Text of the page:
Support for small firms
Fintech firms devise cash flow solutions for SMEs
Philip King: encouraging fintech solutions
Scottish fintech companies are helping to keep cash flowing to small firms struggling with access to bank loans and government support.
There are estimates that as many as three million businesses are facing collapse in a month’s time.
According to bePayd, part of Aberdeen-based invoice factor Proactis, a ‘silent majority’ of UK SMEs are not accessing government schemes.
It says speeding up the payment of invoices is the fastest and most effective way to unlock cash and kick-start the economy.
bePayd hopes to take up some of the strain felt by banks as they work through the details of the Coronavirus Business Interruption Loan Scheme (CBILS).
The country’s smallest businesses (under 50 employees) generate £1.53 trillion in annual revenue for the UK economy yet wait on average 50.8 days to be paid.
Now more than ever, small businesses deserve to be paid faster– Martin McTague, FSB
According to bePayd analysis, this means that, at any one-time, small companies are waiting for up to £212.8 billion in cash for work they have already done.
But the money so far paid out through the CBIL scheme represents just 2% of this total.
Anthony Persse, financial solutions director at Proactis, said: “While the UK Government recognises the importance of keeping companies afloat during this crisis, we must put into perspective how much more money needs to flow through the economy to avoid the collapse of huge swathes of businesses and livelihoods.”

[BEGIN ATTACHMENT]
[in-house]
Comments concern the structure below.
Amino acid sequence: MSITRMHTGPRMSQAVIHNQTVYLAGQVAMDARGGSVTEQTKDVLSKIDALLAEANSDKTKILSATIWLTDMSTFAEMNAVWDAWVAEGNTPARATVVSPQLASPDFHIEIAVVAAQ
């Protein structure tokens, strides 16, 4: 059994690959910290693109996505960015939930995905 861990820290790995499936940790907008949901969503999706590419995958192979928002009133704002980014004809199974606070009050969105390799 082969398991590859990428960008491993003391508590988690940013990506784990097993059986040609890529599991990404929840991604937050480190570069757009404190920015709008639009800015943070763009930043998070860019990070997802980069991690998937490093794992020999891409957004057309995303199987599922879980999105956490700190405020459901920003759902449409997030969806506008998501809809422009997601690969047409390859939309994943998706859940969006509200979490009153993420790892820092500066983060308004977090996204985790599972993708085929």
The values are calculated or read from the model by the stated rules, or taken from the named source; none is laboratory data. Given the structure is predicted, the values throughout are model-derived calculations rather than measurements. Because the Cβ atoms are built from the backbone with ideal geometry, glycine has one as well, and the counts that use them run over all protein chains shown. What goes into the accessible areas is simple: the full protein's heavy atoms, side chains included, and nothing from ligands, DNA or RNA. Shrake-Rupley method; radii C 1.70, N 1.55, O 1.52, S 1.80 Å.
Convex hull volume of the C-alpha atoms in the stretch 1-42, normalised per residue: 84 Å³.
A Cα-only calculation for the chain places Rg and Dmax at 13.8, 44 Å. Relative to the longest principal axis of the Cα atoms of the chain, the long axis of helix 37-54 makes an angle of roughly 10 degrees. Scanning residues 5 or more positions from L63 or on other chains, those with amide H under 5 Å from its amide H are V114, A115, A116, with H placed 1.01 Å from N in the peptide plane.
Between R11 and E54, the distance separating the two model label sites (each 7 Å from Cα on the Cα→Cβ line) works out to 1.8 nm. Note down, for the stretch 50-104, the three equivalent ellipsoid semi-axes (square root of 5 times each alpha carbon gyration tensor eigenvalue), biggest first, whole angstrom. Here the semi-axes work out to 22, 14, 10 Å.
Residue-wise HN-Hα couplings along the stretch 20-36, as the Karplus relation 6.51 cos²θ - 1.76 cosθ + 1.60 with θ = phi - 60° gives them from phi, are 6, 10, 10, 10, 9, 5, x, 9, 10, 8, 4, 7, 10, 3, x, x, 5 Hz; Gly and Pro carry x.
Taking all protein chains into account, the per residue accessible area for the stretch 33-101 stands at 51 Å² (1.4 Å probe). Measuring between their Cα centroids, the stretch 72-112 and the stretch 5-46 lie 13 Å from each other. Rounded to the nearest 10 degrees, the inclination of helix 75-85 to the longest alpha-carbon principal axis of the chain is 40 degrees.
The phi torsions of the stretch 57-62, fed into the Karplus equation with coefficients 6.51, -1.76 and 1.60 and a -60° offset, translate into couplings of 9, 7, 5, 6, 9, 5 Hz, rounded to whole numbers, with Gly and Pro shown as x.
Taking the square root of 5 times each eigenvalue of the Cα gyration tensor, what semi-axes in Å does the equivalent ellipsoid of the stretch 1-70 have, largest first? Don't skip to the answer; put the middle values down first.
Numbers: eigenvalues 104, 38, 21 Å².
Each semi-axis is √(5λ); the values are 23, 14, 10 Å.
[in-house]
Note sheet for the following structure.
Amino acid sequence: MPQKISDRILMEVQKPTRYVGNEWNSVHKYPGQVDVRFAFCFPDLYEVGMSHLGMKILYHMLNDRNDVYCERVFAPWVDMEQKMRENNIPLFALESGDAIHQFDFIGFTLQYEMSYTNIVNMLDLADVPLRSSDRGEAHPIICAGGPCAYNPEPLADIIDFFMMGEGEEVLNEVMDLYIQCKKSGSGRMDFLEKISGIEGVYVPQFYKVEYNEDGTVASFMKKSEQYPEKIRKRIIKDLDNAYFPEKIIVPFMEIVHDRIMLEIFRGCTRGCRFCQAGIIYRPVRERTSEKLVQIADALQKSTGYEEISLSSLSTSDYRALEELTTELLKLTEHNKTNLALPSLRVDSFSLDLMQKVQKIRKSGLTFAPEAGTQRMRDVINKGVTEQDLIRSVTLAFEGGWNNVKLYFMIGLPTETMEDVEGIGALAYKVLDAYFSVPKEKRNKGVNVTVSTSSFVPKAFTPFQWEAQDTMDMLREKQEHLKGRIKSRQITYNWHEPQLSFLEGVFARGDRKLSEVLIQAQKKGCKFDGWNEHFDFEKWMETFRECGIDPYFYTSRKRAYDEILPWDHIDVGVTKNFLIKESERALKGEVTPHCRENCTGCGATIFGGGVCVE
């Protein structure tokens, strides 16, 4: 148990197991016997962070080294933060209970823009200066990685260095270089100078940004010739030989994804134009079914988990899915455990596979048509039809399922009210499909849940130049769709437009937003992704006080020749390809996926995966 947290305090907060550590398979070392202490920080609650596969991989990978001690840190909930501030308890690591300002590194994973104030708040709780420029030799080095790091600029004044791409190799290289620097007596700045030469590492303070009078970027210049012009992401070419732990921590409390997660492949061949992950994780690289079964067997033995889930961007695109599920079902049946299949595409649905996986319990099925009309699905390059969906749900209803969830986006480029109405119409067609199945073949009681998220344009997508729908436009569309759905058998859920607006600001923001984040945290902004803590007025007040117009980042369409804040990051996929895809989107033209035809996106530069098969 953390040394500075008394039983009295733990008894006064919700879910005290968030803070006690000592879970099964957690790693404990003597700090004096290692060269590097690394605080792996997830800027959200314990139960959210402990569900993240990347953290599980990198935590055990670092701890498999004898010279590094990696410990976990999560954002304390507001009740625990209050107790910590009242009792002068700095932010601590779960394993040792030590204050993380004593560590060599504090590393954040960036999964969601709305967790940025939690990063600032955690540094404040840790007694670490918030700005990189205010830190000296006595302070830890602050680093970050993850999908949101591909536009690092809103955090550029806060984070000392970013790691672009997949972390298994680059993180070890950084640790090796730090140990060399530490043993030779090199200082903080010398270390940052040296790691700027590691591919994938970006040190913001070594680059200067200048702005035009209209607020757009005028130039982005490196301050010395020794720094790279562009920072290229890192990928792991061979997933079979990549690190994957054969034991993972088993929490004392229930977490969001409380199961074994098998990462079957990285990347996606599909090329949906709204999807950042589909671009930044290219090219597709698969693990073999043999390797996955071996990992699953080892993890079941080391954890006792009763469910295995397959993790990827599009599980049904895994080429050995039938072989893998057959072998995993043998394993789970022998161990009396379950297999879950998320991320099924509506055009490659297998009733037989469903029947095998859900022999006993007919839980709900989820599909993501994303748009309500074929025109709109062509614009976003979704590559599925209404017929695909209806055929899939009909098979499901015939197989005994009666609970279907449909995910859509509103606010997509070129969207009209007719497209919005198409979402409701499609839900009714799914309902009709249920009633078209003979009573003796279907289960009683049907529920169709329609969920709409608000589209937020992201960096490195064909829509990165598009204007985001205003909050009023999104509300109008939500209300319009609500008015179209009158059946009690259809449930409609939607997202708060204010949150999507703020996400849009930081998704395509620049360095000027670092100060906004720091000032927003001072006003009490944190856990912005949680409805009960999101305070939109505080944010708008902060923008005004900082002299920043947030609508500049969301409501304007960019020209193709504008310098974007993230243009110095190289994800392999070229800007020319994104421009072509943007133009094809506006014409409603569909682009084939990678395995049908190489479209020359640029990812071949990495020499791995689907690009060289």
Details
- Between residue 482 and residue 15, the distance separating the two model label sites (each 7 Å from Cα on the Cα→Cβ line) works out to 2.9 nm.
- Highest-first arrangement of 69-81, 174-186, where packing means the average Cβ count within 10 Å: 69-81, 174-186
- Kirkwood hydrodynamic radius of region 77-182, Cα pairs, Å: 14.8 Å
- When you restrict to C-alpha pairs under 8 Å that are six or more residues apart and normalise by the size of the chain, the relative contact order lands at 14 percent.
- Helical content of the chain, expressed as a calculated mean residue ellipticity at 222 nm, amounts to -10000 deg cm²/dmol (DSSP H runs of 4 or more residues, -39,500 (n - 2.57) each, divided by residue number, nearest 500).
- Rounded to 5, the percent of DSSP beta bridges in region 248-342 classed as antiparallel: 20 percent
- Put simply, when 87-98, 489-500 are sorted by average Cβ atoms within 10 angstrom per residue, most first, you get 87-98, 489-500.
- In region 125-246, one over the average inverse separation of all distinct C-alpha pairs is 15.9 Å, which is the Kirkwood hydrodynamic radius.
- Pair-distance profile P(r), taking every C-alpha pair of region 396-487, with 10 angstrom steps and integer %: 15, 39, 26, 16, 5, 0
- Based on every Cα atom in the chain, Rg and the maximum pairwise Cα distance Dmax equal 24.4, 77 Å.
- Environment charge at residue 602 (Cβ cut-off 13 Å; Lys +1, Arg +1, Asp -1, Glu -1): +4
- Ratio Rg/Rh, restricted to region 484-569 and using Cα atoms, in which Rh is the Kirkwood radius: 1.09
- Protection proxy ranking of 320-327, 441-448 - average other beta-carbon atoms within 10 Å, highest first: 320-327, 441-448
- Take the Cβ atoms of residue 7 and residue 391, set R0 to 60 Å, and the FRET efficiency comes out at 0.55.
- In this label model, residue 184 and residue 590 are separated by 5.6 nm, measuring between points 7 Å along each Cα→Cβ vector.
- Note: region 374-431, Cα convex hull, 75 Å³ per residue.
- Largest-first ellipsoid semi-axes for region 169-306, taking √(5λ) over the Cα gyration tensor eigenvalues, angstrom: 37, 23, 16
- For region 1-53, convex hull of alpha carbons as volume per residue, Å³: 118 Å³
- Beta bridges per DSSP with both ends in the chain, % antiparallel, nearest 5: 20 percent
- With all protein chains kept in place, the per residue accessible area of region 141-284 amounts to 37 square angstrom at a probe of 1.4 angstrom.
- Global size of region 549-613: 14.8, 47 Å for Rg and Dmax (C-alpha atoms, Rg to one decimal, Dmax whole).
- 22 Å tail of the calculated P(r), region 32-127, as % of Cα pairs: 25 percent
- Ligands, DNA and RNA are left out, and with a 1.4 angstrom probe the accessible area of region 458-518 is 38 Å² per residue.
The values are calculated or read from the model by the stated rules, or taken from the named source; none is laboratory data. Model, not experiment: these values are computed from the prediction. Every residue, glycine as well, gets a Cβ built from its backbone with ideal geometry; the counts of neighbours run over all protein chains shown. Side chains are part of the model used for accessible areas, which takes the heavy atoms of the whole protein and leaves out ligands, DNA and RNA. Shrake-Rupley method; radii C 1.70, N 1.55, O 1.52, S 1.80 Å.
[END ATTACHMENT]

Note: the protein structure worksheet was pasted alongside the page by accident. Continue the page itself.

Martin McTague, policy and advocacy chairman at the Federation of Small Businesses, said: “The UK already faced a late payment crisis before coronavirus hit, and we know that late payments are likely to get worse in an economic downtown. Now more than ever, small businesses deserve to be paid faster.”
UK Interim Small Business Commissioner, Philip King, is keen to encourage a variety of fintech solutions to help SMEs through the current difficulties.
Fortunis Capital is supporting another Scottish fintech company’s plan to help eradicate crippling payday loans.
The venture capital firm has invested in an app developed by Karma which has been trialled in Scotland.
Karma is offering competitive rates on small salary advances and Fortunis believes it will make inroads into the £340 billion unsecured individual debt problem.
Innovations Minister Ivan McKee describing Karma as a fintech company “seeking to solve a major societal challenge”.
Legal threat over grant
A consortium of Scottish businesses is threatening to take the Scottish government to court over its coronavirus grant scheme.
The group, made up of firms in retail, hospitality and leisure, intends to lodge a petition for a judicial review.
The companies campaigned for the Scottish Government to fulfil its pledge to match the grant scheme for businesses offered by Westminster.
They say the revised scheme still only offers grants worth 75% for each property compared to a 100% grant offered to companies south of the border.